In engineering and science
Similar to project management, a strong need to be on the safe side is evidenced by the request for and reliance on comprehensive specifications at the outset of a project, whereas the English want to be certain of the high-risk specifications, and beyond that, to rely on trial and error. According to Hofstede (1980, p183) the ‘high UAI theoretical German approach and low UAI empirical British approach are extremely promising’. Non-awareness of these synergy potentials may be the greatest problem here.
In personnel environments
Germans seem to demand more detailed roadmaps and career paths than their British counterparts. German HRM relies strongly on the legal profession. Legalism can be connected to certainty. German companies statistically employ two and a half times as many lawyers as British companies, with many of them in HR. British management careers are more determined by ‘what you make of it’ than by pre-determined career paths. Due to different needs of predictability and planning, different information policies are required, when managing the two cultures.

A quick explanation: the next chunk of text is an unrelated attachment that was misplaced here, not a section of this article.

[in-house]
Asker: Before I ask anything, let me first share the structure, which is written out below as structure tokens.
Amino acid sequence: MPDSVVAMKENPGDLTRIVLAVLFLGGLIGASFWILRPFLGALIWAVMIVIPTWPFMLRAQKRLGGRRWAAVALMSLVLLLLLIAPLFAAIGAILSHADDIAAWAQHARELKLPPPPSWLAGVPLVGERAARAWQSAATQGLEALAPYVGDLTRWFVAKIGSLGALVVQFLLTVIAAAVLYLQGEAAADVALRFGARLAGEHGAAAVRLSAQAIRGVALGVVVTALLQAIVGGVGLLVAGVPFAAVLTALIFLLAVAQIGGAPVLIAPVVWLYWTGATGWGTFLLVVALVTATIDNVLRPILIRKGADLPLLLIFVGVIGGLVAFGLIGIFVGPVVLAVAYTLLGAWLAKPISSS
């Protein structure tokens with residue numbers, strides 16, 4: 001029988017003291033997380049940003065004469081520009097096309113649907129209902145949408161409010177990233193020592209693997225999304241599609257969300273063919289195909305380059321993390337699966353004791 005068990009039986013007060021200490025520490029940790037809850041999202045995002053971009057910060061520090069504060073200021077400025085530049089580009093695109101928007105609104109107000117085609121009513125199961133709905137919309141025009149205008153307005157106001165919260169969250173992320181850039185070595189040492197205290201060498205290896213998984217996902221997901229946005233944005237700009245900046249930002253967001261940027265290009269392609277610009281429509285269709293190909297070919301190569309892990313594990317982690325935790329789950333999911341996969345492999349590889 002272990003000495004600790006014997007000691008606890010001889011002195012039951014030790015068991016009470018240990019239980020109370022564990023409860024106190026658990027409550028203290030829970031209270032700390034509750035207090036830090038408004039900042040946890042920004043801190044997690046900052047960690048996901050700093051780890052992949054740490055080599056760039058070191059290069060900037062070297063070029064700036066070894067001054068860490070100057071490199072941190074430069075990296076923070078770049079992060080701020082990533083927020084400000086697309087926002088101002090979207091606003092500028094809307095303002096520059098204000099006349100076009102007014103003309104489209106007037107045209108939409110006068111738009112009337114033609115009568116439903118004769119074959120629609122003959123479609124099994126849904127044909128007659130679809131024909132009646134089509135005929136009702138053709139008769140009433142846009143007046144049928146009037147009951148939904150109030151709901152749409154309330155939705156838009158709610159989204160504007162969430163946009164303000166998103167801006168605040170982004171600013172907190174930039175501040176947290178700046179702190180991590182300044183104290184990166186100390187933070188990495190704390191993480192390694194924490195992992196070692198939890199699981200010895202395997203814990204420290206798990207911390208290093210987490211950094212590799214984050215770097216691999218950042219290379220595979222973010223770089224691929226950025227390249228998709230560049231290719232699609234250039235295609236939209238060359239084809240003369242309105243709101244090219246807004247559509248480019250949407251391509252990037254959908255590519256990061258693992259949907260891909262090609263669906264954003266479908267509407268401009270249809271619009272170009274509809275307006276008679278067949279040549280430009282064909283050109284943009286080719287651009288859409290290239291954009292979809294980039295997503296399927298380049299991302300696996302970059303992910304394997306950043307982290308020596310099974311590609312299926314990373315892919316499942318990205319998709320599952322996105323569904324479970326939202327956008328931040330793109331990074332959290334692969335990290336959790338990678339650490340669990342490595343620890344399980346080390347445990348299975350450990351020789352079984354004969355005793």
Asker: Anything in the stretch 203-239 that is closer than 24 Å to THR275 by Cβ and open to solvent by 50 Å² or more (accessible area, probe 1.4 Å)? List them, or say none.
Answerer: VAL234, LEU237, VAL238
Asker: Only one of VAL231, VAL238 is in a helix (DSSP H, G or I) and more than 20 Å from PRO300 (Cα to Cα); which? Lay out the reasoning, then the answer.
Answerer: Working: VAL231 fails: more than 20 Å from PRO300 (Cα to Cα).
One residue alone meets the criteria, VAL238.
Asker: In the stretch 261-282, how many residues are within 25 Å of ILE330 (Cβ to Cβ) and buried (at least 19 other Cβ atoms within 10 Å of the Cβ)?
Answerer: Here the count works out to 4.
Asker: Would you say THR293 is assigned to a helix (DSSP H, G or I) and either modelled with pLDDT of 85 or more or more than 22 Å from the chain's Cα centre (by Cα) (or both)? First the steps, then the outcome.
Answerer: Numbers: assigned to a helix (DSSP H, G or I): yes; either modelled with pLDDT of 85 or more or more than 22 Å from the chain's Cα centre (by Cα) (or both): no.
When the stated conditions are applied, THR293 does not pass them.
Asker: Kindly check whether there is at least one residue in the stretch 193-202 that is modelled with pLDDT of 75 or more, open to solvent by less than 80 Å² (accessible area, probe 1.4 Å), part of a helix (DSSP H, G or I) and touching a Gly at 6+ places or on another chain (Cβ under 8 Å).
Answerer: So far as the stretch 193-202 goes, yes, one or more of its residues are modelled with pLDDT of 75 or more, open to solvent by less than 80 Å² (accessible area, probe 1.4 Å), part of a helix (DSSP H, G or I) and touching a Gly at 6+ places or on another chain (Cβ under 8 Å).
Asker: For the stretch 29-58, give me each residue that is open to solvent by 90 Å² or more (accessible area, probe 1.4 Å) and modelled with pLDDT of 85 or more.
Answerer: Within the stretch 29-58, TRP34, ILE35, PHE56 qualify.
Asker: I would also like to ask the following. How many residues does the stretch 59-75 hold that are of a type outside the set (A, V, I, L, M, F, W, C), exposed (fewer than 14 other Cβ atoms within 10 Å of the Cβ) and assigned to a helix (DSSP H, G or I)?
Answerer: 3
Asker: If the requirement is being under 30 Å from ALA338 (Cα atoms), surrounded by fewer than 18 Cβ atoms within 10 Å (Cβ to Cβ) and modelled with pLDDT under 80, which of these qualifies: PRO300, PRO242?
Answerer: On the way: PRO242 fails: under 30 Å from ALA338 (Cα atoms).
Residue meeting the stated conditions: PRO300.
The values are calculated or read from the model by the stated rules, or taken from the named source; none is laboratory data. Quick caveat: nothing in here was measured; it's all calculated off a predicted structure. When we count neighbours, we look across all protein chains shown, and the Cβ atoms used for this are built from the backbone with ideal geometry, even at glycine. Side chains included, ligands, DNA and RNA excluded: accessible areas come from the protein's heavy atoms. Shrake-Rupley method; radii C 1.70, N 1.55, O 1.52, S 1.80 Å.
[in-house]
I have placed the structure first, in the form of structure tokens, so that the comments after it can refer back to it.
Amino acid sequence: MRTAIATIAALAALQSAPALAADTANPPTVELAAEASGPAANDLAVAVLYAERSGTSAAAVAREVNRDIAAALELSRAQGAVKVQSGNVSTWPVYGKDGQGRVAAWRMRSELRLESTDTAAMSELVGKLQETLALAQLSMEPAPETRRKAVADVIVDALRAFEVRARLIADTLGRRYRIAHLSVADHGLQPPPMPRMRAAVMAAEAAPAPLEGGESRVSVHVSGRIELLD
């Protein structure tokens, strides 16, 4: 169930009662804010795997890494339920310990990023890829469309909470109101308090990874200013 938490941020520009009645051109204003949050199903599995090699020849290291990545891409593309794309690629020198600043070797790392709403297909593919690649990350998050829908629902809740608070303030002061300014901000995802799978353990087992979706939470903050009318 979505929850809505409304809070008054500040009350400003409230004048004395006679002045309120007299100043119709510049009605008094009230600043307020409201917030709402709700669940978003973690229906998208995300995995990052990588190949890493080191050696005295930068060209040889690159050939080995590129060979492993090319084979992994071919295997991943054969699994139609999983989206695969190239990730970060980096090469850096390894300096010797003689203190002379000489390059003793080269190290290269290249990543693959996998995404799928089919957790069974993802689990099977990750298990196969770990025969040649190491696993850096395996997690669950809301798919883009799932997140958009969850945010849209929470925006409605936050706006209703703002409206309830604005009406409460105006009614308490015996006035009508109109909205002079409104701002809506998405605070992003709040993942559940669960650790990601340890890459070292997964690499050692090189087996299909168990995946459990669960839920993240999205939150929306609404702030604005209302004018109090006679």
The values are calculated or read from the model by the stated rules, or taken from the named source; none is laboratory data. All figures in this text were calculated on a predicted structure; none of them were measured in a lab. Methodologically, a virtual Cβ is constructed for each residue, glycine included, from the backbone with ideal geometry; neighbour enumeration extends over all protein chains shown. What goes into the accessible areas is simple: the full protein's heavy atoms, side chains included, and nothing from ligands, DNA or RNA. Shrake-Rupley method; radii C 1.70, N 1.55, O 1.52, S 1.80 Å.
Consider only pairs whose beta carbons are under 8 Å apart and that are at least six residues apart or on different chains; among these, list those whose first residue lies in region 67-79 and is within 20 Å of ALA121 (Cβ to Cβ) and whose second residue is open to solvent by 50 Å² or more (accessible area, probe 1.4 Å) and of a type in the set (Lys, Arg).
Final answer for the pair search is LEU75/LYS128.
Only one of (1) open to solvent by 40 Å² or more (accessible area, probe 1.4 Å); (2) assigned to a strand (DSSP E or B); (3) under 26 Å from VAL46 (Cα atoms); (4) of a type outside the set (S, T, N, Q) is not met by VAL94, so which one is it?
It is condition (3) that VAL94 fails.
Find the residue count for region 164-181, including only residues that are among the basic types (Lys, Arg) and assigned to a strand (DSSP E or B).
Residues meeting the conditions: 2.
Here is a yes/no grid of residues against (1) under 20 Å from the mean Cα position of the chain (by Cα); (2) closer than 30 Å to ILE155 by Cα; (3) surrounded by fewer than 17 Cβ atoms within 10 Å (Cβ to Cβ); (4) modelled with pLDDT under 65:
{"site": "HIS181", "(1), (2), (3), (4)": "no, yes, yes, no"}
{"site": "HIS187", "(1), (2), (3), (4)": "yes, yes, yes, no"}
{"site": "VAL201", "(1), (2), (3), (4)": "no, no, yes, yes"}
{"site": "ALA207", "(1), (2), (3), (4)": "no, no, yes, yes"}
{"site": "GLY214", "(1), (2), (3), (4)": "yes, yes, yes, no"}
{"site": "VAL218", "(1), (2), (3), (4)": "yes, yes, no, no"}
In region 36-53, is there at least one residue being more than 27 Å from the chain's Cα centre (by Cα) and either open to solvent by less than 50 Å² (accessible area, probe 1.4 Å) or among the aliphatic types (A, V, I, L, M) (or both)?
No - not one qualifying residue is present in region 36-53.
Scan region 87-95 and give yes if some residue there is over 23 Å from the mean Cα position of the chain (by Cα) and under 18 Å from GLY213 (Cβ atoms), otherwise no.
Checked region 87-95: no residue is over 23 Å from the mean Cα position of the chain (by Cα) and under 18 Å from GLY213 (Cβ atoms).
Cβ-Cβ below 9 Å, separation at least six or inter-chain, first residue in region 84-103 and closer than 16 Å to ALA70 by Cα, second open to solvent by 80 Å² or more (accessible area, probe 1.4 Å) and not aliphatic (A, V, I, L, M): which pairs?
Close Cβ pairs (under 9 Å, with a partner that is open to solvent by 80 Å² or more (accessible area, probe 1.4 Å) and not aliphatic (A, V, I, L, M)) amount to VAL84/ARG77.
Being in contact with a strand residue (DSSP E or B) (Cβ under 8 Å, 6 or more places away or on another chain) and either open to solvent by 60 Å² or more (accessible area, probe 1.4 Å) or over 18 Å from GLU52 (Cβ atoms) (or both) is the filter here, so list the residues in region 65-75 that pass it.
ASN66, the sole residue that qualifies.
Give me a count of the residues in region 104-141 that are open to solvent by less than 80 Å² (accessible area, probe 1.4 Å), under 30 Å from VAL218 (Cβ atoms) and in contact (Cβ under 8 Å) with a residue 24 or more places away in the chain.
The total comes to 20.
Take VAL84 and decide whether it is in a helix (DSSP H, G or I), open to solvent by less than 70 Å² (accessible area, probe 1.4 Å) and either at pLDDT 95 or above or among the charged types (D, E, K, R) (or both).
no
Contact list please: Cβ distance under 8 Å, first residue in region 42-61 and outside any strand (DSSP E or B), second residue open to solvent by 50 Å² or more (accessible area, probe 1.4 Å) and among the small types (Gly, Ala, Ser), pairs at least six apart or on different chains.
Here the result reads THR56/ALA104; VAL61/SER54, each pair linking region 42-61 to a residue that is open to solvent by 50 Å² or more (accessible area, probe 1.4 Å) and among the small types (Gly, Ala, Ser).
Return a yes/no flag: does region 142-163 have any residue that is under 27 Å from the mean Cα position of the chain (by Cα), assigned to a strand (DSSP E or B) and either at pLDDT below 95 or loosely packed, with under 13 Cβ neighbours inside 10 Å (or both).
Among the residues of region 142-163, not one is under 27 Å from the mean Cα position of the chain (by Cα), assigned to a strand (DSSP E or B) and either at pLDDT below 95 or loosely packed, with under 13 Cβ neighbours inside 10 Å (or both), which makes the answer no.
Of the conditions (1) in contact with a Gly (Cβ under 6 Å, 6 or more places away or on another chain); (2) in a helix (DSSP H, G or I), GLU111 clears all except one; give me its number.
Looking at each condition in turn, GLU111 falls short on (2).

In sales contexts
Germans seem to be longer-term and product reliability-determined, whereas the British seem to be shorter-term, price- and profitability-determined. This difference in outlook may induce British parent company management to stop the production of a critical product, in order to launch a more profitable follow-up product. German clients fear, due to a perceived cultural and geographic distance, that they may no longer obtain parts or support, although systems may be functional. Due to this uncertainty and lack of long-term reliability, Germans may tend to respond ethnocentrically and purchase from a local competitor, particularly if there has been a negative precedent.